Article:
Venezuela, today plagued by an economic crisis and riddled with zinc houses, was once at the forefront of design and architecture in Latin America with projects signed by world-renowned artists and architects.
Hidden inside its capital is a jewel of 1950s architecture, the Hotel Humboldt, also known as the hotel that "floats among the clouds".
Located 2,150 metres above sea level, it can only be accessed by cable car or by road with a rustic 4x4. Both the tower and its undulating arches can be seen from the city.
The 1950s were, for Caracas, a magical decade. A period that also coincided with the arrival of European immigrants, which led to the creation of projects by world-renowned architects and artists.
"It was a generation of intellectuals, of architects who had a vision of the future and who thought that such a future was possible in Venezuelan society. And (in the end) it was not," said Paulina Villanueva, daughter of Venezuelan modernist architect Carlos Raúl Villanueva, who was involved in the development and modernisation of Caracas.
"The Hotel Humboldt is Venezuela's historical heritage and we are working to have it listed as a world heritage site, just as the University City, which is a contemporary piece, has been listed," expressed Carlos Salas, director of operations at Hotel Humboldt.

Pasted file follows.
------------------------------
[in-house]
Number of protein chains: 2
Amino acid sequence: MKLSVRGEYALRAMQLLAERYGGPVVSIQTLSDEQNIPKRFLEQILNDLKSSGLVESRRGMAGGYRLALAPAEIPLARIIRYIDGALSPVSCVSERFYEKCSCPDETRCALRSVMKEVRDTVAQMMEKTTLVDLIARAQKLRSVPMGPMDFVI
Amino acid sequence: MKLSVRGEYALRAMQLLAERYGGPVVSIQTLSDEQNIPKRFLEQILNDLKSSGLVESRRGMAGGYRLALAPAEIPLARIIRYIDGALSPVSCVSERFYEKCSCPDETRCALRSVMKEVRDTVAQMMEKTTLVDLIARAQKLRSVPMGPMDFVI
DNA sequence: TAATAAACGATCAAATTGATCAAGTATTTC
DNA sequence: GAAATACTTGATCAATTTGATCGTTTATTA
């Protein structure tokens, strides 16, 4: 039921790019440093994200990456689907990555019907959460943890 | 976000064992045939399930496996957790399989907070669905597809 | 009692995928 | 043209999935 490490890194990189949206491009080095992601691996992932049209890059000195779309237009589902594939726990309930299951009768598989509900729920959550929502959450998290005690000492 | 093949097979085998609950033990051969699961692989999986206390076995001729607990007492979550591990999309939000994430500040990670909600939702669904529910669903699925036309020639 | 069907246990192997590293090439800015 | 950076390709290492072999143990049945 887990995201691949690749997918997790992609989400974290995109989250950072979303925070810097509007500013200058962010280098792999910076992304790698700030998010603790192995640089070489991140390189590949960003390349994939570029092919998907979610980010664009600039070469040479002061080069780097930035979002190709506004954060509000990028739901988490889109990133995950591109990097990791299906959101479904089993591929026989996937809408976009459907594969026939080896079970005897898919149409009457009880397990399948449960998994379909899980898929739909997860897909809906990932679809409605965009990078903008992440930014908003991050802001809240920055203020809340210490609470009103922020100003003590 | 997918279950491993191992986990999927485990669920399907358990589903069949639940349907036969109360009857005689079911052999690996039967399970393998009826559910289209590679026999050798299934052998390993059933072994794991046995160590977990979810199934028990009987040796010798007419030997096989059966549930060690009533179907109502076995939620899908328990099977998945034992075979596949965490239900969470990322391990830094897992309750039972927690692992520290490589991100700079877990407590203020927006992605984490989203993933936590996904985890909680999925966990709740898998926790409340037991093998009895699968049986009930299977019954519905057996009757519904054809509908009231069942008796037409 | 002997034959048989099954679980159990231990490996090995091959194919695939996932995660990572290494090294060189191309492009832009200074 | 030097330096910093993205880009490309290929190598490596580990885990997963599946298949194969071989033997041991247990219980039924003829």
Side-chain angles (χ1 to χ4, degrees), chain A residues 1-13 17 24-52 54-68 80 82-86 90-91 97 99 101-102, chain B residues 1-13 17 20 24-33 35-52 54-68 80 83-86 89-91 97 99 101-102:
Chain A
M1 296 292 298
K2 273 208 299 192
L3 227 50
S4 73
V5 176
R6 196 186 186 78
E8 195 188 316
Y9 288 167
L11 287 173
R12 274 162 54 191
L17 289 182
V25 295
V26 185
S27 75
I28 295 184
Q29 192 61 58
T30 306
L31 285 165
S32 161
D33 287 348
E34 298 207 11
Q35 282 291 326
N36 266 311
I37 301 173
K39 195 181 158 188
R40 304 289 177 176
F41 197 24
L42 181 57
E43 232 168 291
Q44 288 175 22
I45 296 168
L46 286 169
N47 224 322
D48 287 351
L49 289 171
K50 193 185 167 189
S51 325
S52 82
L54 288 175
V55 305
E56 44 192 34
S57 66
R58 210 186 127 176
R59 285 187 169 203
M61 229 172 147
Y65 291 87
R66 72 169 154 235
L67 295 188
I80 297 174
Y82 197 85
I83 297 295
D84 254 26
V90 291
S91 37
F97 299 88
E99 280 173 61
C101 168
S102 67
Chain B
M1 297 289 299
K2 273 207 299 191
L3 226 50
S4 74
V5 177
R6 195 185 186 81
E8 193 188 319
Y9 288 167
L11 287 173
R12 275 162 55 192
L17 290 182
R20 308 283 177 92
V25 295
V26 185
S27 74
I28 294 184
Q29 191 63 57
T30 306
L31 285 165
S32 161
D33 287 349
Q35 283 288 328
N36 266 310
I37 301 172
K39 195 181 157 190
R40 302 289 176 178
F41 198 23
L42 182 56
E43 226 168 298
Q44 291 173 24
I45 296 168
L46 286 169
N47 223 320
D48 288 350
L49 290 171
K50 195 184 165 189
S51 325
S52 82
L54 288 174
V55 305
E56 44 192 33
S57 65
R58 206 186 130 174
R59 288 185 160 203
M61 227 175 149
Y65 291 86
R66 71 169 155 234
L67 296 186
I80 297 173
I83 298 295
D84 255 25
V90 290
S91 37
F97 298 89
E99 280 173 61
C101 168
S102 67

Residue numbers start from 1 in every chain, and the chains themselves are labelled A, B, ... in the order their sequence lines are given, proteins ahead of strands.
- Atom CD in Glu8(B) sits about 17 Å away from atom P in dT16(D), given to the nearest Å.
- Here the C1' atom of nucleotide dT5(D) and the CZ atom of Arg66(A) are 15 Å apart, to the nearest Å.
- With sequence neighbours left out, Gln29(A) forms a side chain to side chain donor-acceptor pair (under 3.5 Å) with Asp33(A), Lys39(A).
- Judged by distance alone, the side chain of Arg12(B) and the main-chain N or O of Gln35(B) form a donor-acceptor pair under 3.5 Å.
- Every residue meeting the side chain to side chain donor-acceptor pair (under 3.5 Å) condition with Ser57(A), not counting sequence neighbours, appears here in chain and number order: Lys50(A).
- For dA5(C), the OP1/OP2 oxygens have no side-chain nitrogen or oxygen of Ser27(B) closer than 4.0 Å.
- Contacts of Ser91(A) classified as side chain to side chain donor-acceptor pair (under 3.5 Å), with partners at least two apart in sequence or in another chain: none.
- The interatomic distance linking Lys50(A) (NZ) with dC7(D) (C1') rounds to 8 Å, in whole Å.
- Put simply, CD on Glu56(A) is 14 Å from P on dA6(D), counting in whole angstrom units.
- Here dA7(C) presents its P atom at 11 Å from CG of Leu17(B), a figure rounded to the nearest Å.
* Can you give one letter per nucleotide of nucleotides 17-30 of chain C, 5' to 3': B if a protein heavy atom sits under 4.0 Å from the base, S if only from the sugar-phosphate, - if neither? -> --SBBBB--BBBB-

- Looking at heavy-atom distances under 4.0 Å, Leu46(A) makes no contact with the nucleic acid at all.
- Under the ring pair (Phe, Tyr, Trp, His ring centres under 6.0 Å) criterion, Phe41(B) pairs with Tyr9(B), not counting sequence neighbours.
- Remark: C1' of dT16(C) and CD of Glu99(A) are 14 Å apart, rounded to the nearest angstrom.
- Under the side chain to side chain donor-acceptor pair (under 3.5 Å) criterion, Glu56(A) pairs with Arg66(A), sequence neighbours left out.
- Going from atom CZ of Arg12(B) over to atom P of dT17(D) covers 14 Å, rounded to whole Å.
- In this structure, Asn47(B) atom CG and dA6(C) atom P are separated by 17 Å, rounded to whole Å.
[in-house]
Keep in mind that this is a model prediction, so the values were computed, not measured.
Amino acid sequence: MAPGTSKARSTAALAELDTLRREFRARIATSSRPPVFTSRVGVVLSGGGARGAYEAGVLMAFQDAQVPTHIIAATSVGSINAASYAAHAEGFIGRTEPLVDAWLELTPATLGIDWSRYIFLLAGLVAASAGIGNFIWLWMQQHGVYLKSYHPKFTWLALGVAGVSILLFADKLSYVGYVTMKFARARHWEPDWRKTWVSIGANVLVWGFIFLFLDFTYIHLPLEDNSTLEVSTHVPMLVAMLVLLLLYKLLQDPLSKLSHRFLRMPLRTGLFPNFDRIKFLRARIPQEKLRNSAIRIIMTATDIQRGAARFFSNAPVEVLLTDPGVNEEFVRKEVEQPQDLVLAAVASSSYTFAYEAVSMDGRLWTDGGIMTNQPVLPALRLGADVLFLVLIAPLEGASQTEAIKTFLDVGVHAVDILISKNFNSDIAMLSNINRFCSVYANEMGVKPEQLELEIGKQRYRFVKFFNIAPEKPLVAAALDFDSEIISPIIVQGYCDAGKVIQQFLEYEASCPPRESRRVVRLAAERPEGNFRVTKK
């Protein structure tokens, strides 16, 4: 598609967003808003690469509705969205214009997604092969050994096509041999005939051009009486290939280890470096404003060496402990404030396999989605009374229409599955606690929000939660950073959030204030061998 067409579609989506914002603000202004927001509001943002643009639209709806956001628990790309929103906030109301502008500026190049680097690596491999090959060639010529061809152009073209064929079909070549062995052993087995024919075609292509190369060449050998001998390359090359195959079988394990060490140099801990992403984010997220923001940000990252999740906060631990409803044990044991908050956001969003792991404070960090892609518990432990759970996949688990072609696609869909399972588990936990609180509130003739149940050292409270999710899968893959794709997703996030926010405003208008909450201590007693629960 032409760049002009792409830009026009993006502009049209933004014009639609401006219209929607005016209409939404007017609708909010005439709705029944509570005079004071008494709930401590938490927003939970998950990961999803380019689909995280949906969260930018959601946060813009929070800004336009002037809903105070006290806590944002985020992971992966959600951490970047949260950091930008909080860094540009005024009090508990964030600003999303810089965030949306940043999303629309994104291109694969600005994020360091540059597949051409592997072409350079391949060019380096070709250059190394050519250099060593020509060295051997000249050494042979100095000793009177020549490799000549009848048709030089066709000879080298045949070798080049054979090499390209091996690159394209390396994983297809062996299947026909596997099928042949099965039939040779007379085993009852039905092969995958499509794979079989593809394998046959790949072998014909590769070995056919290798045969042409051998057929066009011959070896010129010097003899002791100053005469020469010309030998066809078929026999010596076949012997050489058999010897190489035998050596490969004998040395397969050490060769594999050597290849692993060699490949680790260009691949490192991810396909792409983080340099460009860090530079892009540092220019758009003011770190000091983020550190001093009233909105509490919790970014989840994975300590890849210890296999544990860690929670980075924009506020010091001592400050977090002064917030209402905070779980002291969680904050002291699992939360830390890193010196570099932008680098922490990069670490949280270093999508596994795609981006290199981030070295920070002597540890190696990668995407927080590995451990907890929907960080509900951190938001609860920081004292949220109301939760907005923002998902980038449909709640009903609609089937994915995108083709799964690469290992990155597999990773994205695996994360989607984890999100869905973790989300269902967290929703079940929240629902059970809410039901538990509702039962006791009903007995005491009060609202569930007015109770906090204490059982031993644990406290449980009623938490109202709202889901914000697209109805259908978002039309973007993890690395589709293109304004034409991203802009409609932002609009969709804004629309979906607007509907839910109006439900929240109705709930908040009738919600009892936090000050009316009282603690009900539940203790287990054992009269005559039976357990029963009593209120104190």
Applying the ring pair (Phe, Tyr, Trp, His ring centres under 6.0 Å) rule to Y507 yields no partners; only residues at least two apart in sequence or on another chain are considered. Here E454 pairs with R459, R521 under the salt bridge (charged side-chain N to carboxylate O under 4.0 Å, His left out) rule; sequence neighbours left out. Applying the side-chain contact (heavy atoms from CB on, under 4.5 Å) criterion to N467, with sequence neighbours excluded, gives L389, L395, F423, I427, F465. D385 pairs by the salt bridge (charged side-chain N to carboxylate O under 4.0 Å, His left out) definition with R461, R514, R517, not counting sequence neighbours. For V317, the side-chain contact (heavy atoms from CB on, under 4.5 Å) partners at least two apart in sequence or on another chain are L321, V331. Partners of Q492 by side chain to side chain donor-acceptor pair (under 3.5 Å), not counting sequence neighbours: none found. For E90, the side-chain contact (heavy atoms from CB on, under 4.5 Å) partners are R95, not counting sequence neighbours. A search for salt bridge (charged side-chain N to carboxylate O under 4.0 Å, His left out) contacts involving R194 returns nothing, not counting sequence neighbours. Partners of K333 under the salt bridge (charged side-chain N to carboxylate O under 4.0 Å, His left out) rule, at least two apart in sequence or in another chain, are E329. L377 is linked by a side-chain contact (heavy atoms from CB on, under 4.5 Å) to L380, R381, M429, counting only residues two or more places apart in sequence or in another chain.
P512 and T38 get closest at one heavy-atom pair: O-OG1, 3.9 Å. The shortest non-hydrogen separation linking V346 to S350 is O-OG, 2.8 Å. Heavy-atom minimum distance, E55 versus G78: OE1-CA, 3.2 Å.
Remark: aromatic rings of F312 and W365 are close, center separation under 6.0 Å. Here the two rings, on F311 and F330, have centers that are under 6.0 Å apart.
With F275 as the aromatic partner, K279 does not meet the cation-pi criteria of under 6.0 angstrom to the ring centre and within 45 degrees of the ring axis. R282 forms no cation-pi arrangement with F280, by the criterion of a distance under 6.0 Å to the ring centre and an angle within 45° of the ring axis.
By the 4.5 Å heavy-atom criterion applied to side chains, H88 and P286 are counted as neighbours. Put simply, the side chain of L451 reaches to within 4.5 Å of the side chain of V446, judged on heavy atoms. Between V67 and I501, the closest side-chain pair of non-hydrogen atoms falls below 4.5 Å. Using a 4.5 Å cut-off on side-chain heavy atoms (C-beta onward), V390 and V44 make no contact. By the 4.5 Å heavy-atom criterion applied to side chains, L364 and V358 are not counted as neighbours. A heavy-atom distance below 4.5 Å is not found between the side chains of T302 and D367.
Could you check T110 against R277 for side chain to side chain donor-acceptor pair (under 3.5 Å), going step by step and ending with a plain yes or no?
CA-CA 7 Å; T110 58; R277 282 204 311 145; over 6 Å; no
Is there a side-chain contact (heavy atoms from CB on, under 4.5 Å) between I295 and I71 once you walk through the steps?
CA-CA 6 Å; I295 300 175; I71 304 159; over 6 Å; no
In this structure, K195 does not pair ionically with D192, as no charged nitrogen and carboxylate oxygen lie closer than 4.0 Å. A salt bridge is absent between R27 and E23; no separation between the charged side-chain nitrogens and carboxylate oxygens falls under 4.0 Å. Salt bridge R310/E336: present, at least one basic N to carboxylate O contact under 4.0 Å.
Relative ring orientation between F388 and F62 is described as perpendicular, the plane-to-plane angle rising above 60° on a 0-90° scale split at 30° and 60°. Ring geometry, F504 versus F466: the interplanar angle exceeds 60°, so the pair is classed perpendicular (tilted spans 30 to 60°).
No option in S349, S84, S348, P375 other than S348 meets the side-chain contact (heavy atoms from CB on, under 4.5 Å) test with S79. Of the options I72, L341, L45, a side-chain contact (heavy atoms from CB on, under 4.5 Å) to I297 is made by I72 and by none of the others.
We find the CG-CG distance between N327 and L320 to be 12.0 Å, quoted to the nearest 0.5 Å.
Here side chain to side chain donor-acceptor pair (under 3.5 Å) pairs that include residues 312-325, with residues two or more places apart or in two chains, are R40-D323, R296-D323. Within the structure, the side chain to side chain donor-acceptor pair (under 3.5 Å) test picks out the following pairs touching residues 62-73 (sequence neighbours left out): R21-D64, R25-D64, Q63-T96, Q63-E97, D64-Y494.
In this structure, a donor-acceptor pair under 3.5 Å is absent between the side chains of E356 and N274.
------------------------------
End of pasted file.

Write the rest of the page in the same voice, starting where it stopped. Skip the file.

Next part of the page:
Built between 1940 and 1960, the Ciudad Universitaria de Caracas (University City of Caracas) was recognised as a world heritage site by UNESCO in 2000.
The university was designed by architect Carlos Raúl Villanueva and is an outstanding example of the Modern Movement in architecture.
The complex integrates 40 buildings and functions into a clearly articulated ensemble, including masterpieces of modern architecture and visual arts, such as the Aula Magna with the "Clouds" of Alexander Calder, the Olympic Stadium, and the Covered Plaza.
Its unmistakable colourful facades have also integrated works by renowned artists such as Victor Vasarely Jean Arp and Wifredo Lam.
However, with the economic crisis that has plagued the country since 2013, the buildings that once made Venezuela famous have been in severe decline for years.
"What makes me sad is to understand that on the one hand there are people who love the university very much, but who have no opportunities," added Villanueva.
"The last time I was here there was a problem in the Aula Magna. They (teachers and students) are working with their fingernails to maintain the little that is left," she went on.
Along with the Ciudad Universitaria, many of the buildings of Venezuela's golden age are in poor condition.
They now symbolise a part of Venezuelan history that has, gradually, been forgotten.